Organic Food Guide

Why―and How―to Shop at a Farmers’ Market

Four reasons to buy regional food. Plus, tips and hints for shopping a farmers’ market.

By Candy Gianetti
People at a farmers' marketChristopher Baker

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1. You know what you’re getting. When you buy produce from the supermarket, it’s hard to tell where the produce came from, what chemicals or pesticides may have been used in growing it, or what labor practices the growers employ, says Erin Barnett, director of LocalHarvest.org, a website that connects consumers with organic, sustainable, and local farms. Buying directly from the farmer allows you to ask questions. Exactly how old is the produce? Did it ripen on a vine or in a truck? And if you’re the show-me type, the farms are close enough to visit.

2. The food is fresher. Many fruits and vegetables at the supermarket are picked before they’re fully ripe so they can survive the journey from the farm to your table―which can take as long as two weeks. Local farmers, on the other hand, can wait to pick produce at its peak, so you get the maximum taste, nutritional value, and freshness.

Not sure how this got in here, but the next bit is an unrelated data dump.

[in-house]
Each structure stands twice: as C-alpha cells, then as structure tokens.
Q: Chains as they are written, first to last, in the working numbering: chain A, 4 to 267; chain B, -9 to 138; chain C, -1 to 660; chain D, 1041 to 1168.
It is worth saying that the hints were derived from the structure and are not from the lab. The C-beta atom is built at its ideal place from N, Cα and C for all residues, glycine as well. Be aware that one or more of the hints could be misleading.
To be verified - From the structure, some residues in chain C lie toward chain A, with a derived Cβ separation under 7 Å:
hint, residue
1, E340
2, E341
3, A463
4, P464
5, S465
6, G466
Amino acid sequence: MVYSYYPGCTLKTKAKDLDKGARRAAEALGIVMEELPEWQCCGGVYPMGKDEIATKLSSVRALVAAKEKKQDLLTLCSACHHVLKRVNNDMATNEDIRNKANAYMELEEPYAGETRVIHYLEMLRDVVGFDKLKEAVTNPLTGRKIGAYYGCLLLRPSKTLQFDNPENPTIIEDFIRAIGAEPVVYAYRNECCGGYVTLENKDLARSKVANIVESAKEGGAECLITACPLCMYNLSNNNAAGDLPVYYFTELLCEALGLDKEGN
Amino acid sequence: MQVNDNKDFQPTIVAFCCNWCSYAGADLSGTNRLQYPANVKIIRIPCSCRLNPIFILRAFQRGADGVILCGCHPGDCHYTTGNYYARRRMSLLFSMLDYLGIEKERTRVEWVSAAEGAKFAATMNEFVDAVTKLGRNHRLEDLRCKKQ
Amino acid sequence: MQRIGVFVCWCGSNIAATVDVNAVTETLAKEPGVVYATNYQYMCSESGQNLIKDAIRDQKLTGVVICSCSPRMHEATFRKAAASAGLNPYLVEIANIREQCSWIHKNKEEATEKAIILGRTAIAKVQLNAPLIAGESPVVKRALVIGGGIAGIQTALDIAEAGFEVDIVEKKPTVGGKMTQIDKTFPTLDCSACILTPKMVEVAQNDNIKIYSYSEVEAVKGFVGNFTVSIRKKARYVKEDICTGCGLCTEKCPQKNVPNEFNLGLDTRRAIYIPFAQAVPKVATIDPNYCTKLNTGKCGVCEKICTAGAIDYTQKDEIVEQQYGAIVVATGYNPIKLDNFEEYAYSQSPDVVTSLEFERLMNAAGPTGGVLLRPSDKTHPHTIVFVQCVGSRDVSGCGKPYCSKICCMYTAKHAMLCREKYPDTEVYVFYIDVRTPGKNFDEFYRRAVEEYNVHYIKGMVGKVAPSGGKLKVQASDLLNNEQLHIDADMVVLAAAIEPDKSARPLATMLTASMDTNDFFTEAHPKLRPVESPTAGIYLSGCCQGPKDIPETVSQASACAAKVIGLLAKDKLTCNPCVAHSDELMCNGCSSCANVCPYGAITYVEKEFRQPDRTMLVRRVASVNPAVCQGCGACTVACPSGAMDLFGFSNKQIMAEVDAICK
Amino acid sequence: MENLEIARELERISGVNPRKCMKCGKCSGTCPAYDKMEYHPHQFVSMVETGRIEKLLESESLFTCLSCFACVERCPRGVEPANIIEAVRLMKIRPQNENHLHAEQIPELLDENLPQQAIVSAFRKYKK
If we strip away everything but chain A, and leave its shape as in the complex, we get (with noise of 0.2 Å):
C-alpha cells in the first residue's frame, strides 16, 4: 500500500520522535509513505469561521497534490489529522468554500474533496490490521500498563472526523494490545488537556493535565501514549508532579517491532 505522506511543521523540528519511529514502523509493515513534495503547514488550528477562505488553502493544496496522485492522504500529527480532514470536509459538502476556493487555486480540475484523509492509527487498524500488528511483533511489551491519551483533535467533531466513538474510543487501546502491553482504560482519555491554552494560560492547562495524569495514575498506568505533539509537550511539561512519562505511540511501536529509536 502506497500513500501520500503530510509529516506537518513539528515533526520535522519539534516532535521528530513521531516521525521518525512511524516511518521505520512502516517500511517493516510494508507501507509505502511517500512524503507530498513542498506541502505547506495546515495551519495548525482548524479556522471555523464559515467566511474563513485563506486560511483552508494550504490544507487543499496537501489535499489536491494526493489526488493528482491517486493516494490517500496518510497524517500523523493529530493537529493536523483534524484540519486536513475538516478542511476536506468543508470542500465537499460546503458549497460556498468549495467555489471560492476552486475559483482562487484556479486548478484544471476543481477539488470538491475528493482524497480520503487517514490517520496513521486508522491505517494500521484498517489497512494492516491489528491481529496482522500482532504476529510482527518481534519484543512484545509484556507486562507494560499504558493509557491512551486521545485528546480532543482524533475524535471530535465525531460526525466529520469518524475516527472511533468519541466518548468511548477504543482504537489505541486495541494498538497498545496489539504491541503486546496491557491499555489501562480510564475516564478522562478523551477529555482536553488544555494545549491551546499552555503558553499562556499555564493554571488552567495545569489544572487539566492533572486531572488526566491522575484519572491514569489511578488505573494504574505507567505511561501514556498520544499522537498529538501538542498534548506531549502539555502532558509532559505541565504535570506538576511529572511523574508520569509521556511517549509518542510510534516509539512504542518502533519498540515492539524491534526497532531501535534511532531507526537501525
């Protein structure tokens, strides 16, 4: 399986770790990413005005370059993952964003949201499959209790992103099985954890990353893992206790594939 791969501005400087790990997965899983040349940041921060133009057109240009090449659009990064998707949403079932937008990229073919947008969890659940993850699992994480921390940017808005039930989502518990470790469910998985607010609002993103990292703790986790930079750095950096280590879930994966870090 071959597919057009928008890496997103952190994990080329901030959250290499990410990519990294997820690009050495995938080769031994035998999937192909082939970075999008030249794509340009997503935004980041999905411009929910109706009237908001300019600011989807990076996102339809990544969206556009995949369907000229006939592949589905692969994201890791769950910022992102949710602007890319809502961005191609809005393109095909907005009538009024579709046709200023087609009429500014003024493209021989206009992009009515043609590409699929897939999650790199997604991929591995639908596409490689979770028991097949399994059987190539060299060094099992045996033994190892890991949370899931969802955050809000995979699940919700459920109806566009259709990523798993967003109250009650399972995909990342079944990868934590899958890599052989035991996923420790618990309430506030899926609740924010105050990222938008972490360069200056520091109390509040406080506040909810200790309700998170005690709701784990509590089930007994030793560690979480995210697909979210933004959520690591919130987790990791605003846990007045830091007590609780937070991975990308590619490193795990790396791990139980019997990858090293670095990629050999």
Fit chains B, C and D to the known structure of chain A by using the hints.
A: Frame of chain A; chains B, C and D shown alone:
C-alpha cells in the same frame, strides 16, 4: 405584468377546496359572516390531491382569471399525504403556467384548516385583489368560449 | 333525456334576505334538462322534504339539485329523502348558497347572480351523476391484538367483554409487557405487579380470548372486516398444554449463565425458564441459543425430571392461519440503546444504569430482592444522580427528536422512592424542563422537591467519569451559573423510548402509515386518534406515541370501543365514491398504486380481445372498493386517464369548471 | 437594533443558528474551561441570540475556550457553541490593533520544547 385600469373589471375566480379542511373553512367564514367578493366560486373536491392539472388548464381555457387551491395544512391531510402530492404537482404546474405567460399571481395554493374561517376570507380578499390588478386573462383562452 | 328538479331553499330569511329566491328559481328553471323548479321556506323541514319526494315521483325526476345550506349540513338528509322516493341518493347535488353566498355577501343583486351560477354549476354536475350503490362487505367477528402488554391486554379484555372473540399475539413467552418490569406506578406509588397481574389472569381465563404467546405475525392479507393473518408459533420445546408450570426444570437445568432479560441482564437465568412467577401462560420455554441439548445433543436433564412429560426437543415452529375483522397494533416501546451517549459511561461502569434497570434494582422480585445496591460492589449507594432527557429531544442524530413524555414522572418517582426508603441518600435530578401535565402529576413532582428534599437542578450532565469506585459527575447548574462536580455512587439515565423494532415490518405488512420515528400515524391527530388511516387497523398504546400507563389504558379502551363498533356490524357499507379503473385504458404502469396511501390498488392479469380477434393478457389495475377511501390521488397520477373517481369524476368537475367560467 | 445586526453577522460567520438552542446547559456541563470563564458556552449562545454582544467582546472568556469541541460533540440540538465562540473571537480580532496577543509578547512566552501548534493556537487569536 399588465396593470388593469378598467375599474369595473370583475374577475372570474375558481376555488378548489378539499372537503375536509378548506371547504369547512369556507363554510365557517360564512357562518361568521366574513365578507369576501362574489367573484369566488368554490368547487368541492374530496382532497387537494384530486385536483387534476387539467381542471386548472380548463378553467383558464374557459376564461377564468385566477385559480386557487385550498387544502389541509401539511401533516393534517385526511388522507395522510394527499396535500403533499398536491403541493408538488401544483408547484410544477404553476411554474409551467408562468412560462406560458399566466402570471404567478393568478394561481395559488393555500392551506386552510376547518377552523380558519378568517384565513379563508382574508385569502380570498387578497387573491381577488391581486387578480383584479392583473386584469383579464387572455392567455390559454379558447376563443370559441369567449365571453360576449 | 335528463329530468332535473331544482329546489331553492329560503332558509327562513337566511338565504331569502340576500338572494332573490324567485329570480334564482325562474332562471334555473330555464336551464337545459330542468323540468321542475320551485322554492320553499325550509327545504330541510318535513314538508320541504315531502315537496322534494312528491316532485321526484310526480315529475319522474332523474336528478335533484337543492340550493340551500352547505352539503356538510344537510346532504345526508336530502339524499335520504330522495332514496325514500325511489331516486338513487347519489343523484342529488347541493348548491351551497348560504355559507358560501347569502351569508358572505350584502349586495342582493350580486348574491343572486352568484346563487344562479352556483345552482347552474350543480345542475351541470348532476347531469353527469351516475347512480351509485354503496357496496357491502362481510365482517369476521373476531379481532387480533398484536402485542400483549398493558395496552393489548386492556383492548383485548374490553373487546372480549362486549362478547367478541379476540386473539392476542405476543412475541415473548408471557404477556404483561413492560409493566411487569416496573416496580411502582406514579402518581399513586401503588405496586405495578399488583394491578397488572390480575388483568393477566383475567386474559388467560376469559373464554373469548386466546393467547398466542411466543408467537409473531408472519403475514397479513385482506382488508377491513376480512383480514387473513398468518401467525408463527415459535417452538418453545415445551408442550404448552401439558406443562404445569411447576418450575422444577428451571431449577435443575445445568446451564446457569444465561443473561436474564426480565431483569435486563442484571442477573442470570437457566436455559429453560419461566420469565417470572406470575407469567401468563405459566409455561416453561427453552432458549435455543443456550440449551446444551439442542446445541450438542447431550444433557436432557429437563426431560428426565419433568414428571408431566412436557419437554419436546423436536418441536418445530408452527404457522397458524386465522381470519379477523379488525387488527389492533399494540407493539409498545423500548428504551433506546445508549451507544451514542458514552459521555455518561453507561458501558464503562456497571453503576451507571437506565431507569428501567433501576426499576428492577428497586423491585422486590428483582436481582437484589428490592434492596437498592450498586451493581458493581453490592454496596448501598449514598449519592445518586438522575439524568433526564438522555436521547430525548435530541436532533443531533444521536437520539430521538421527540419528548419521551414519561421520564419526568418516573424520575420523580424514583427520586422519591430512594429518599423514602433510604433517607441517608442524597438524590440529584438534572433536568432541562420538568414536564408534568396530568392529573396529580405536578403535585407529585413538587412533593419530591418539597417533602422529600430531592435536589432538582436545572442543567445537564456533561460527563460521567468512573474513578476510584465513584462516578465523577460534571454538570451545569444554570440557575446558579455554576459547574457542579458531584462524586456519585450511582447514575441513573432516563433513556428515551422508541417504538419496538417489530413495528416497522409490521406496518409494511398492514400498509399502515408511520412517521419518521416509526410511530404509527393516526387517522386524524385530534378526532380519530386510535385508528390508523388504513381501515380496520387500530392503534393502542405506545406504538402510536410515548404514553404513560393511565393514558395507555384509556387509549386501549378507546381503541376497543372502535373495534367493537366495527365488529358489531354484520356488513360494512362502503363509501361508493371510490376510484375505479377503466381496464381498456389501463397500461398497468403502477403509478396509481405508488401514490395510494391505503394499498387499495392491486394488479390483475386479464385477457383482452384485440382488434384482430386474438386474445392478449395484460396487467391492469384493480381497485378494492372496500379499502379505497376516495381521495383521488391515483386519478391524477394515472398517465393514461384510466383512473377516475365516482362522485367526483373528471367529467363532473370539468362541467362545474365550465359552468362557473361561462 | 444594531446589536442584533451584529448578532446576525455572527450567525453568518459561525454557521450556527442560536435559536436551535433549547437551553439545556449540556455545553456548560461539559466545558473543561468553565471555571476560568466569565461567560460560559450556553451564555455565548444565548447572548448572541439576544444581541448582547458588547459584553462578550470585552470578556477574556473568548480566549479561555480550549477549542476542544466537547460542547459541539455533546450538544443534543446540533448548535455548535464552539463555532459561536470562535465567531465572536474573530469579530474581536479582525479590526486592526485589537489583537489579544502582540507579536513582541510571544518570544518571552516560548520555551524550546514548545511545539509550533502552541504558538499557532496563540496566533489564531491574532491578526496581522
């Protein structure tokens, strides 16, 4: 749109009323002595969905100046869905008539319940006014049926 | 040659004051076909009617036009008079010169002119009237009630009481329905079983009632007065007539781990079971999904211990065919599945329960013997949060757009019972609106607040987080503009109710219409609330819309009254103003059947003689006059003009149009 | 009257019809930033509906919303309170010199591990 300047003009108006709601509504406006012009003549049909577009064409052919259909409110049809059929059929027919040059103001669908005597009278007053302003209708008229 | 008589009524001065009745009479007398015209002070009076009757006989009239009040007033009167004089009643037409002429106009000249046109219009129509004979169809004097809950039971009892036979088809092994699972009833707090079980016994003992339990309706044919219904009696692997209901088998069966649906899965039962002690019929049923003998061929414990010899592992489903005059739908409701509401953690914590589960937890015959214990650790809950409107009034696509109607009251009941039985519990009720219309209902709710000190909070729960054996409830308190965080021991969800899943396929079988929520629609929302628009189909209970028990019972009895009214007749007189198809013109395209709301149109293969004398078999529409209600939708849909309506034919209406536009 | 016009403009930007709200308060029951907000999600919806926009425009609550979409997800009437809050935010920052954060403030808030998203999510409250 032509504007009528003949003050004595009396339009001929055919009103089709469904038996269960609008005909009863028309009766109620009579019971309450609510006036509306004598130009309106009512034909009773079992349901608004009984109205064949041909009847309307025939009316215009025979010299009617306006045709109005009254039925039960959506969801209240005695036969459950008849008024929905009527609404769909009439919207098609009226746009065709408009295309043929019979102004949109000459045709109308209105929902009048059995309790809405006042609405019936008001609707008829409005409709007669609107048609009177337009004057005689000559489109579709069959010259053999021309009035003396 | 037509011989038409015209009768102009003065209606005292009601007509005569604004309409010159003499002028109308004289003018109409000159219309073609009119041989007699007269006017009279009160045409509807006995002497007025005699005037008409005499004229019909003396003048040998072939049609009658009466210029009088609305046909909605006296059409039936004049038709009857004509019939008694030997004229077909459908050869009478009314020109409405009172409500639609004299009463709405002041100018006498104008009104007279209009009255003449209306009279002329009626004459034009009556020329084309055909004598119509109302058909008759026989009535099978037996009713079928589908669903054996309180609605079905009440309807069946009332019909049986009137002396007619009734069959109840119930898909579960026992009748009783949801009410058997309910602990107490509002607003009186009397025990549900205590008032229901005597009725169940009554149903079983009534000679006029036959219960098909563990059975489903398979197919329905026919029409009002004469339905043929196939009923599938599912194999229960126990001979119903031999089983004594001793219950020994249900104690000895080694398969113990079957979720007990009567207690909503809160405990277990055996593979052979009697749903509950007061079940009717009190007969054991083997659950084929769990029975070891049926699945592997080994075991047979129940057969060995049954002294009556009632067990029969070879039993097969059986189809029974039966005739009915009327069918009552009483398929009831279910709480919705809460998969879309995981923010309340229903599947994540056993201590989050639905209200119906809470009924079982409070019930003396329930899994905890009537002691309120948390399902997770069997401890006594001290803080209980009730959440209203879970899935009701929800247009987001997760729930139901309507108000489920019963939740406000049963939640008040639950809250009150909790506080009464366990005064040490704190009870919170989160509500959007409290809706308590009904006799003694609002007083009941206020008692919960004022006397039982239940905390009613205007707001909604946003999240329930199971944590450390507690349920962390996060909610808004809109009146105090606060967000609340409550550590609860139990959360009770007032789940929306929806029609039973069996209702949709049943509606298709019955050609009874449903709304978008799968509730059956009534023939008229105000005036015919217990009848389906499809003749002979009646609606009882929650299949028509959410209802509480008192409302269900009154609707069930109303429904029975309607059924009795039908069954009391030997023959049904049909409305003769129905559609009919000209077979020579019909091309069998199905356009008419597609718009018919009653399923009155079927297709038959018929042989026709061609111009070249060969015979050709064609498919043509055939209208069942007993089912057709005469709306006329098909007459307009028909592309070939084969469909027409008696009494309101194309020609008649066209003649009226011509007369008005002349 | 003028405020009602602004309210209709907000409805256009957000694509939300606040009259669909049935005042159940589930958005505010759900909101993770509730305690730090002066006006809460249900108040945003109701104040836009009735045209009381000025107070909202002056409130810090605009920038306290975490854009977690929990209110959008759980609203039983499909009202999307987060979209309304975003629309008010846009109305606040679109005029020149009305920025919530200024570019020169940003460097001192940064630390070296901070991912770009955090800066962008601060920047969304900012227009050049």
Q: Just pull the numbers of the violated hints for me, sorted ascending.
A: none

3. You help the environment. Buying at the farmers’ market reduces grocery-store-packaging waste and the energy used for lengthy refrigerated storage.

4. You support local farmers. Only about 25 to 30 cents of every dollar that you pay for fresh produce at a market goes to the grower. By buying direct, you help farmers get a fair price, which in turn, helps them stay in business. What’s more, you’re keeping your food dollars in your local economy.
 
Read More About:Shopping & Storing

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